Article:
Their review confirms that the amount of caffeine in mainstream energy drinks is, in fact, moderate. As a comparison, energy drinks typically contain half the caffeine found in regular coffeehouse coffee. Specifically, a 16-ounce regular blend coffee at a popular coffeehouse contains 320 mg of caffeine, while a comparable size mainstream energy drink contains about 160 mg. So those suggesting that energy drinks should require warning labels need to be aware of the slippery slope this would create: to be consistent, products at coffeehouses also would require such unnecessary labeling.

This is true. Starbucks, for example, can have a shitload of caffeine. And honestly, an energy drink that does go above 200mg is rare. I know–if they were common, I would drink them more. Now, granted, their thing about the labels and consistency is not a bad point. But I think, just like any other over the counter service place, if the ingredients are available upon request, then you’re covered.

Quite simply, energy drinks can be part of a balanced lifestyle when consumed sensibly.

This is very true. I have not seen the full study. I’ve made that clear. But I don’t need a study to know that some people don’t need to pile on the caffeine like I do. They don’t have the tolerance. Actually, I envy them, because they’re probably slimmer and have more money than I do as a result. But no matter. People need to know their limits. Companies need to be truthful about their products so that people can adhere to their limits. But blaming the energy drink segment of the beverage industry for people overusing their pr is like blaming McDonald’s for people getting fat from eating there too much. Nobody held a gun to anybody’s head and made them order the triple Big Mac instead of a salad. Just like nobody held a gun to anybody’s head and made them grab one of those disgusting 6-hour energy shot things instead of something tastier–you know, like an old shoe.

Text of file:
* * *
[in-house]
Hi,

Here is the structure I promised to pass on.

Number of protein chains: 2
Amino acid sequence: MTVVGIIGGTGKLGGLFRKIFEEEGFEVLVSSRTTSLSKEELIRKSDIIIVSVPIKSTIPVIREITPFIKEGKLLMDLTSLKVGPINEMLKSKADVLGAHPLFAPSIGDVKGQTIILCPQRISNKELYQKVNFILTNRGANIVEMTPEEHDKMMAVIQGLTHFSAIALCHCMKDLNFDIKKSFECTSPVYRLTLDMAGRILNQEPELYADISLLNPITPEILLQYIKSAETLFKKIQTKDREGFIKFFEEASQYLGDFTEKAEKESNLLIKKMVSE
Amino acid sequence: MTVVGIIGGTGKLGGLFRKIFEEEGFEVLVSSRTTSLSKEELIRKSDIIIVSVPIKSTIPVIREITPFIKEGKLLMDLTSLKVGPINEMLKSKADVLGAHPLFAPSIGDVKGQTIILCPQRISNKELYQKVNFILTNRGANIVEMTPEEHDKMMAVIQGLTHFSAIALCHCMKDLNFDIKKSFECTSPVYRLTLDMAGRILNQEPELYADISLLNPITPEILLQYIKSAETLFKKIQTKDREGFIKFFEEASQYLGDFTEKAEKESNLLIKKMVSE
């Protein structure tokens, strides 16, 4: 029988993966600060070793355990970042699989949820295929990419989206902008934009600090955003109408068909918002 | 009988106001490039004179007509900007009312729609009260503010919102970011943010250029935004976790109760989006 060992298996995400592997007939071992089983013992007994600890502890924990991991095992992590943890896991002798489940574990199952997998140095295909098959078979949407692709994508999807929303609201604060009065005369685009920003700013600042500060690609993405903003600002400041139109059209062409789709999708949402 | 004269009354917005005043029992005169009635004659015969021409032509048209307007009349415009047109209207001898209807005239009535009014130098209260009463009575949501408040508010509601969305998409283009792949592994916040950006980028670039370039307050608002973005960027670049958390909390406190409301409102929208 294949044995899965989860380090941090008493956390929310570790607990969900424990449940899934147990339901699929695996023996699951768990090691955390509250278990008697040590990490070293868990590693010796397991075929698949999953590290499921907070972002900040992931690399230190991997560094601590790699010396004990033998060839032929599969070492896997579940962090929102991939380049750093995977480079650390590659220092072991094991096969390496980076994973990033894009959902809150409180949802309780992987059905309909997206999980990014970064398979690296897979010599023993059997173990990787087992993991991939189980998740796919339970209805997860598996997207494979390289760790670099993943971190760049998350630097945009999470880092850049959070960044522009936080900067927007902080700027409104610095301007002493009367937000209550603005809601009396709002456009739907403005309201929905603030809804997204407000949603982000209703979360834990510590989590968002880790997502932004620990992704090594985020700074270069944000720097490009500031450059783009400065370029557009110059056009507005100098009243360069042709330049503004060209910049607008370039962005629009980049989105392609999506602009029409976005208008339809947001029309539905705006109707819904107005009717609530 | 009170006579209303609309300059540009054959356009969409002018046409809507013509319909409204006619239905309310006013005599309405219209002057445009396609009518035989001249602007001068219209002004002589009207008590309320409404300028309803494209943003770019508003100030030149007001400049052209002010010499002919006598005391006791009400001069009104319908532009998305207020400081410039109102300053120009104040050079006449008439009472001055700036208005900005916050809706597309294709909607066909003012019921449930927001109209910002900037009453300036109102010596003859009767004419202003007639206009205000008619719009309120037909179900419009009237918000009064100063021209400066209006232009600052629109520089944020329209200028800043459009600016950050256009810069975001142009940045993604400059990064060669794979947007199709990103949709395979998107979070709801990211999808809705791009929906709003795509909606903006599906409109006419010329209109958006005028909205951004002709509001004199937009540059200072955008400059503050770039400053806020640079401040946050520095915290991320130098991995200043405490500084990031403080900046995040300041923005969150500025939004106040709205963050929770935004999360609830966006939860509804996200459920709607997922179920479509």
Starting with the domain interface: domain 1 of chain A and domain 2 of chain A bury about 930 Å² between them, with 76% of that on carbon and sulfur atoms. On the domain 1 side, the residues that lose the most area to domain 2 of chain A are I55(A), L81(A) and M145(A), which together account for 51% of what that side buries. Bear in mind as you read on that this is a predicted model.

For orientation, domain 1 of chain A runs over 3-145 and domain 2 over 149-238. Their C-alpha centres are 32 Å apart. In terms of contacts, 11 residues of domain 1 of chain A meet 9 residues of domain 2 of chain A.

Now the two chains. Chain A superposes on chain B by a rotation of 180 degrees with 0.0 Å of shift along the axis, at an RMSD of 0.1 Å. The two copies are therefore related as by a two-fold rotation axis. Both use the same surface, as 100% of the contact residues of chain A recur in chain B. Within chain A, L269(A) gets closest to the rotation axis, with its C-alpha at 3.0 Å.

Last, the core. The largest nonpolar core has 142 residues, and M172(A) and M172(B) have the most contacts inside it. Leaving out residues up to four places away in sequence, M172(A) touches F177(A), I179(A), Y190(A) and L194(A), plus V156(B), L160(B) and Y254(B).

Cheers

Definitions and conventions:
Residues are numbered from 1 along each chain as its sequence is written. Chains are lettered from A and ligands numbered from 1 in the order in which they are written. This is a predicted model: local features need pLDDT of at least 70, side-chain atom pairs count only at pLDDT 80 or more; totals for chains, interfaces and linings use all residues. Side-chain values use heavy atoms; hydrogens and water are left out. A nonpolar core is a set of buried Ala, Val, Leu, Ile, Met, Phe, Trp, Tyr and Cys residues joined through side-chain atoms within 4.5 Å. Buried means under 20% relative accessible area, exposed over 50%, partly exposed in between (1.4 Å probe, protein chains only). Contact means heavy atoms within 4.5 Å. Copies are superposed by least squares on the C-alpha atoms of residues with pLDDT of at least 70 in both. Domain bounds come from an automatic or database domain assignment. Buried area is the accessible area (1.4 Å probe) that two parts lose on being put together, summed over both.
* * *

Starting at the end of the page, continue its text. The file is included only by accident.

To the Johns Hopkins researchers: instead of blaming the industry, educate people. And for fuck’s sake, don’t go waving the Drug Flag around, because that’s a sure fire way to not be taken seriously. And to the energy drink purveyors out there, clearly mark your drinks for what they have in them. It’s to your advantage: some people like me dig the insane ones.


  • THANK YOU. So tired of people not thinking, or taking differences in environmental factors into account, or at least not putting that accounting into the foreground. It’s just sloppy and, in some cases, deceitful.


  • Well, I think in a lot of cases it’s deceitful. Because if you want to prove A, whatever A might be, and your initial investigation shows A, then I think a lot of people stop there. Instead of doing the due dilligence that it takes to firmly show, hey no shit, A. They might not be consciously deceitful, but then again, they’re scientists and should know better.

    Again, I have not read the whole study and they might brilliantly address every single concern I have. But after the whole Drug Flag business I have my doubts.